By next week, Cincinnati-area doctors are expected to receive notification of a class action settlement with Humana Health Plans of Ohio, under which the plan promises to raise overall reimbursements by 36% in the next three years, or $100 million in added reimbursements.
If sufficient numbers of an estimated 3,500 doctors do not challenge the settlement, the document will be reviewed by Ohio and Kentucky judges in a Dec. 29 fairness hearing, according to the Academy of Medicine of Cincinnati.
If the document is approved, each practice would negotiate a fee increase with Humana, says Russell Dean Jr., executive director of the academy, which filed the original antitrust lawsuit along with several practices.
He adds that the 36% increase is an overall amount that will vary by contract, and what each doctor gets "will come down to each practice's negotiating skills."
Dean says Humana agreed to the settlement on Oct. 23, before a state judge could rule on plaintiffs' request for class action status.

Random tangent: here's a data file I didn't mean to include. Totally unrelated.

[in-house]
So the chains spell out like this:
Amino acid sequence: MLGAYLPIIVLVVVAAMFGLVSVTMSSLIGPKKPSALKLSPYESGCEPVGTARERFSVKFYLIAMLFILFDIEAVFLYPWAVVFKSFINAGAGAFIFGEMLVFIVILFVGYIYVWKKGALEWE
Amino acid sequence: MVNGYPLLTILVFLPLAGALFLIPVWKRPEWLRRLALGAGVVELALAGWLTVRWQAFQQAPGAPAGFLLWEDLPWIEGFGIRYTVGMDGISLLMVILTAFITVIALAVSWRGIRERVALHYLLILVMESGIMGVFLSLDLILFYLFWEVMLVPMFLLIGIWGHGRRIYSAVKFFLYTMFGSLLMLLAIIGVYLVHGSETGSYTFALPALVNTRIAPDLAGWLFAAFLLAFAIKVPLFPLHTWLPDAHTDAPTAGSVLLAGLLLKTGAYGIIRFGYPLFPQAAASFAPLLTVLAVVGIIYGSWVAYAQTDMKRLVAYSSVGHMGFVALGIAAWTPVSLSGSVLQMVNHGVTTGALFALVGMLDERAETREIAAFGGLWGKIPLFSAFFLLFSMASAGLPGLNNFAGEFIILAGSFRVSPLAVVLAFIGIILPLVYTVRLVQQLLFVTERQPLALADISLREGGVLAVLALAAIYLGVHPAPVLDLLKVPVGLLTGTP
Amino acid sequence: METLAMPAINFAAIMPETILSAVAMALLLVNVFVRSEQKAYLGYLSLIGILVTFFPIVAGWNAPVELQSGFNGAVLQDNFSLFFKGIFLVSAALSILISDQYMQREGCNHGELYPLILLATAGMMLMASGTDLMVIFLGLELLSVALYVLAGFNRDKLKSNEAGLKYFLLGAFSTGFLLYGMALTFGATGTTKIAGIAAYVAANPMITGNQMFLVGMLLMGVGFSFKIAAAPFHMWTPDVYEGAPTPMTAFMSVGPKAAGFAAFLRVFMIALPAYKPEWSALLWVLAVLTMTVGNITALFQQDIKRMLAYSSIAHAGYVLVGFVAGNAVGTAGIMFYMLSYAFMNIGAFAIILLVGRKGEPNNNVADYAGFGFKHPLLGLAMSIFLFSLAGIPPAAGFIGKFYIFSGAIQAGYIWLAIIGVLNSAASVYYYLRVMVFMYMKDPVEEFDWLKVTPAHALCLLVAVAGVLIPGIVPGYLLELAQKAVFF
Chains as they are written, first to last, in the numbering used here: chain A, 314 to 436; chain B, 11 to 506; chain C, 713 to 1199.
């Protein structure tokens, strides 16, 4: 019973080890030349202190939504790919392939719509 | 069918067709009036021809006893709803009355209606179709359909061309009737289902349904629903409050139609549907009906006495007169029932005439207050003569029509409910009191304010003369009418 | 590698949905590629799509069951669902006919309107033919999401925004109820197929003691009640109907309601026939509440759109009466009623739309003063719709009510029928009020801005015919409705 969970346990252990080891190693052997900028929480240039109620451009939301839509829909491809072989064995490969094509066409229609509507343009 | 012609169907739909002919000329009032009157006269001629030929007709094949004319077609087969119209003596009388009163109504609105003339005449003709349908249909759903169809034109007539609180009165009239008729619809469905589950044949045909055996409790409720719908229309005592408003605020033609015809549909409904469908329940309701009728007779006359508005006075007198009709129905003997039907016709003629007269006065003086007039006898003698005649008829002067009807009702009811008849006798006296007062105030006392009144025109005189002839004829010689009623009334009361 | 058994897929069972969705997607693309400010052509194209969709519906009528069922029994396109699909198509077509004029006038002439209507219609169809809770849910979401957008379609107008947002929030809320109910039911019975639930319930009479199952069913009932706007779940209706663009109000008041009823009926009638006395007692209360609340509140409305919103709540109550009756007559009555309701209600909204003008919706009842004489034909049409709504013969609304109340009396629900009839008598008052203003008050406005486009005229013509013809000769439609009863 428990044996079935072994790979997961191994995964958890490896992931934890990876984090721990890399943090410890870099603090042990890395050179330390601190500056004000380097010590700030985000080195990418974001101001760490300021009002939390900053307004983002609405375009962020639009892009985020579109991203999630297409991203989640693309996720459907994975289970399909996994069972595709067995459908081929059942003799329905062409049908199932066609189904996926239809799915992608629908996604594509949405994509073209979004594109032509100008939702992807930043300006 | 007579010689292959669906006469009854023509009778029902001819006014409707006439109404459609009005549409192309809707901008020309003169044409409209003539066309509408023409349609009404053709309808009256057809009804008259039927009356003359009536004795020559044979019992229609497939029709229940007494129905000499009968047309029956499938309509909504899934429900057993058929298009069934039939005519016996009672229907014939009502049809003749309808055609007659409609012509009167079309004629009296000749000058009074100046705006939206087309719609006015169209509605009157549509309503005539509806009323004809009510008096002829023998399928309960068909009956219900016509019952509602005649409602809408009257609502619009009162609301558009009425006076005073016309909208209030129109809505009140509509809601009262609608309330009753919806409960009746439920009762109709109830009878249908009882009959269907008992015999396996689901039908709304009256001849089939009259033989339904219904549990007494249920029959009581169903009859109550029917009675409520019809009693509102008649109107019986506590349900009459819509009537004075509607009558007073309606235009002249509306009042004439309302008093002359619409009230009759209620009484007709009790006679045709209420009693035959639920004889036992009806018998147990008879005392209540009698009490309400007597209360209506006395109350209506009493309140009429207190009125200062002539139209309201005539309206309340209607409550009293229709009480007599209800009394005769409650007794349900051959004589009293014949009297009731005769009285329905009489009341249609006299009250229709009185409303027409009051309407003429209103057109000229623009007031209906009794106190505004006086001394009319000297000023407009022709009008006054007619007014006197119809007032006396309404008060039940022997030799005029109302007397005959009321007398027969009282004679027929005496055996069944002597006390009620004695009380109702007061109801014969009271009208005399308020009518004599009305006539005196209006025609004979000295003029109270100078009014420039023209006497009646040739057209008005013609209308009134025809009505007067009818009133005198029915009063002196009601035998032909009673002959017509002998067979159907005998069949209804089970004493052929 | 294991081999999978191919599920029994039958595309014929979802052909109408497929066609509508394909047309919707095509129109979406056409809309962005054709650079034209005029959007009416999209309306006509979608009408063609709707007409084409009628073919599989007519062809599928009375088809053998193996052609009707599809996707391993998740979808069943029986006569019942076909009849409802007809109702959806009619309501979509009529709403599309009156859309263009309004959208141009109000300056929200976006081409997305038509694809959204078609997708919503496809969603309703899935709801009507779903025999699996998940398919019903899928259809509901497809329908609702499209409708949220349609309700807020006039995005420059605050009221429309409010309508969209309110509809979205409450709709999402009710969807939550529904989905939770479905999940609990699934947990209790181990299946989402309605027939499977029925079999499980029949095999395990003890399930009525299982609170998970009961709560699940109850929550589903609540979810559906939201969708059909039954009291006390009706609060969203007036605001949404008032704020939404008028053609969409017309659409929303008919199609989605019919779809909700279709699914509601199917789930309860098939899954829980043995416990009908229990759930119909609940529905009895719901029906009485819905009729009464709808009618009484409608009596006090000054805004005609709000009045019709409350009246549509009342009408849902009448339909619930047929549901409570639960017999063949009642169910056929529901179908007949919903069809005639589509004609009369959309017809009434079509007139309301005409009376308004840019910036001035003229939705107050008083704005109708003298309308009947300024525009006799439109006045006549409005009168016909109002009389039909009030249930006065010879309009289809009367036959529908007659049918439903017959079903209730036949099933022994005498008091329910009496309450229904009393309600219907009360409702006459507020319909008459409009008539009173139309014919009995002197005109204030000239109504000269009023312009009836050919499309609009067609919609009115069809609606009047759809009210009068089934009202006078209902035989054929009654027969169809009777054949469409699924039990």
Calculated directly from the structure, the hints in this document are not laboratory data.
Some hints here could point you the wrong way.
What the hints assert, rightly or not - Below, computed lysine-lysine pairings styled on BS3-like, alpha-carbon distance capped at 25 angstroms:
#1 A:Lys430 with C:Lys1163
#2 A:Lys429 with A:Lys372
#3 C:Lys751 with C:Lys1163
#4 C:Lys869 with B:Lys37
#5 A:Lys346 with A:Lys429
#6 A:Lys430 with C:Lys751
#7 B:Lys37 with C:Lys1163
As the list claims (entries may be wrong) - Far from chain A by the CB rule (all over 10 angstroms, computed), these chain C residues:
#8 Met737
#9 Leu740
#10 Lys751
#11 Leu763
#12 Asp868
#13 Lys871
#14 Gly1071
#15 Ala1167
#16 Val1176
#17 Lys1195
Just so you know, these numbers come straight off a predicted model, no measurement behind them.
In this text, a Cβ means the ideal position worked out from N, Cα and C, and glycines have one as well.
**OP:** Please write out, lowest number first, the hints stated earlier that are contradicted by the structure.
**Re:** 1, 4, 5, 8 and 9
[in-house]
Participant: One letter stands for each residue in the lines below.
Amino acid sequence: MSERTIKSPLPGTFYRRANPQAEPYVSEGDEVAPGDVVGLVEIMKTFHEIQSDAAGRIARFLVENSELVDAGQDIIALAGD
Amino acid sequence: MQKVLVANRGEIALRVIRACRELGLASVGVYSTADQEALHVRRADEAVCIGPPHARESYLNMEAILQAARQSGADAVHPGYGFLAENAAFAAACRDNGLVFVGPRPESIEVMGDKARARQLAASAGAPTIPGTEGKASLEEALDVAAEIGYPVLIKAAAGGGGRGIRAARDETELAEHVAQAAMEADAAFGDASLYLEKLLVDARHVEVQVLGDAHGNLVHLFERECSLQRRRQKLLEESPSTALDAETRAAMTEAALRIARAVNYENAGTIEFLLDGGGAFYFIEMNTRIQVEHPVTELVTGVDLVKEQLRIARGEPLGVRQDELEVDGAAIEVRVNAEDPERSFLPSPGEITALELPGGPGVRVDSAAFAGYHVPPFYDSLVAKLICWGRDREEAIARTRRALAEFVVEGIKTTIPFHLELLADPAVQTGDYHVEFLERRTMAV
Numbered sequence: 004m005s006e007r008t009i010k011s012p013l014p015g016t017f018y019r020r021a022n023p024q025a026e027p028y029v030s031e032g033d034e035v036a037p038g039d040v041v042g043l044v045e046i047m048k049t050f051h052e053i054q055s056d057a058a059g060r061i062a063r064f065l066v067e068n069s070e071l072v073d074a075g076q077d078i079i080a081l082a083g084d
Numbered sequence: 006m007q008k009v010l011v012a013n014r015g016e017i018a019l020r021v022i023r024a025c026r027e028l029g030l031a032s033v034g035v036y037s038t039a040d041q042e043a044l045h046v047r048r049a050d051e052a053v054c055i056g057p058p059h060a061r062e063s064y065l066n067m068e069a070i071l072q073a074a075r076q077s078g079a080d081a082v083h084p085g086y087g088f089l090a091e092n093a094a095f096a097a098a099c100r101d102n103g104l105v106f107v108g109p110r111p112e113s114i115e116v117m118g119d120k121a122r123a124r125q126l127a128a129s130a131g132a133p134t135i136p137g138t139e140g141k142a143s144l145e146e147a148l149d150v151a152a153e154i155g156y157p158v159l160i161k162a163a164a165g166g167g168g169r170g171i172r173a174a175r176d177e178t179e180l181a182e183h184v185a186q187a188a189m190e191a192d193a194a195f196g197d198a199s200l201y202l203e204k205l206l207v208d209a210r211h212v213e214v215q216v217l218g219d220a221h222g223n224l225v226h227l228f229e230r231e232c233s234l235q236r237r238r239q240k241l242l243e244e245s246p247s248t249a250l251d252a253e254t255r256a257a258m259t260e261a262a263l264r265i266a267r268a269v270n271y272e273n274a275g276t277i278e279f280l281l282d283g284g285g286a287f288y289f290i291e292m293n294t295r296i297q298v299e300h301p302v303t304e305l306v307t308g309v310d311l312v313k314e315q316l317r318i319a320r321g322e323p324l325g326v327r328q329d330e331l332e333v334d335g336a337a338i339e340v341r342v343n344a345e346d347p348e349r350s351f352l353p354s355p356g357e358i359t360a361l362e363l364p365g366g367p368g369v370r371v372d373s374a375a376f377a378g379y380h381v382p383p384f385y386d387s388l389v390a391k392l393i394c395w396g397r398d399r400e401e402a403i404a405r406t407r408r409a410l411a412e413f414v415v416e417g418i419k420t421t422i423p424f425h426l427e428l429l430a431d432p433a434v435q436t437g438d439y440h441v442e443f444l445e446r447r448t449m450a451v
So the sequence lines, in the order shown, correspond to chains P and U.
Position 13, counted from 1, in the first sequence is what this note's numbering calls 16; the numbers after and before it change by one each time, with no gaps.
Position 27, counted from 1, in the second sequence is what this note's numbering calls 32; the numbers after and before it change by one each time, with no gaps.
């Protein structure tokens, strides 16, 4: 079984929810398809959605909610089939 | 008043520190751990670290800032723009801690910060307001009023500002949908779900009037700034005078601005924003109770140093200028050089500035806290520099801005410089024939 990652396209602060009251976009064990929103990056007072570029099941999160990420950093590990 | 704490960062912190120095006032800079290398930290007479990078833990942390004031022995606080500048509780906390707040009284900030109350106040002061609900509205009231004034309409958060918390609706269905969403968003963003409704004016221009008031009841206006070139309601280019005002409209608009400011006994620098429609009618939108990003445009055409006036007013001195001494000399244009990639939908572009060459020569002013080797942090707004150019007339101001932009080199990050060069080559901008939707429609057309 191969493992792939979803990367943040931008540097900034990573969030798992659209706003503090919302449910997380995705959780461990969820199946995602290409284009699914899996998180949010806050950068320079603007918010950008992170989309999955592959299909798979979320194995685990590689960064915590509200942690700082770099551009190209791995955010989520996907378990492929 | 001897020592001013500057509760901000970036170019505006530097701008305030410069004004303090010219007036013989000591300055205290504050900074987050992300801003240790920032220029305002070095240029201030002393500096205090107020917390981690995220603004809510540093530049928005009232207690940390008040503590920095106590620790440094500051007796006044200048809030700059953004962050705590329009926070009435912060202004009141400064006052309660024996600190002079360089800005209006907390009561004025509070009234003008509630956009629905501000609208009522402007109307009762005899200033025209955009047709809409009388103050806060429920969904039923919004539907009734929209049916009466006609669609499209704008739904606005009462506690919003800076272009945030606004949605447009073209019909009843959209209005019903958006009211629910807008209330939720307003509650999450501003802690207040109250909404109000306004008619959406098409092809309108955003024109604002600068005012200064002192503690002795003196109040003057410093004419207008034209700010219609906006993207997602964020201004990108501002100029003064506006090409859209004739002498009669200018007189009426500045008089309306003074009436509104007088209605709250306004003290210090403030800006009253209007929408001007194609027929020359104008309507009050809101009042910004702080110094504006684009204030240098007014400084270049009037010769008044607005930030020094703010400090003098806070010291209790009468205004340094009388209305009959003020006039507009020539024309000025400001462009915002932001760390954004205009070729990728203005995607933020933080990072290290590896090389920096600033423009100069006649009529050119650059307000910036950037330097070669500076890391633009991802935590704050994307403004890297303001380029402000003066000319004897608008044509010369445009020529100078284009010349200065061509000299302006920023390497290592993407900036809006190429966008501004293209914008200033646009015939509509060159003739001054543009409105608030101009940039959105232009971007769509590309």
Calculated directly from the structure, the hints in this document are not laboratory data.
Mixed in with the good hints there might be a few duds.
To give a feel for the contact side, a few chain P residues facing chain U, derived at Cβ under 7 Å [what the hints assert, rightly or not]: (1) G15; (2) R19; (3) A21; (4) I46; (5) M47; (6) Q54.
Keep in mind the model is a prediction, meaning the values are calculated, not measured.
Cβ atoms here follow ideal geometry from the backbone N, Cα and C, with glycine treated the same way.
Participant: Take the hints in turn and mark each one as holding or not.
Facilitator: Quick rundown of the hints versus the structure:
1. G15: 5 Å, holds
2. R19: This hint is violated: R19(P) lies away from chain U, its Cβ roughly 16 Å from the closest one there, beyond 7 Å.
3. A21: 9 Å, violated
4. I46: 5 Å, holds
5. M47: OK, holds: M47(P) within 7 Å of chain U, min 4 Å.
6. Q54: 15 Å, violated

"On the one hand," Dean says, "you could say Humana is really a great corporate citizen for settling this lawsuit. On the other hand you might ask, 'Gee, I wonder what they have to hide?'"
Doctors who agree to the settlement waive their rights to file further antitrust lawsuits against Humana.
The academy and doctors have also sued Aetna, UnitedHealthcare and Anthem for antitrust violations, but those plans have not agreed to a settlement, and their cases also do not have class action status.
A day after the Humana settlement was announced, a Kentucky judge denied the plaintiffs' motion for class certification of the three lawsuits, pending a ruling by the state appeals court, the academy reports.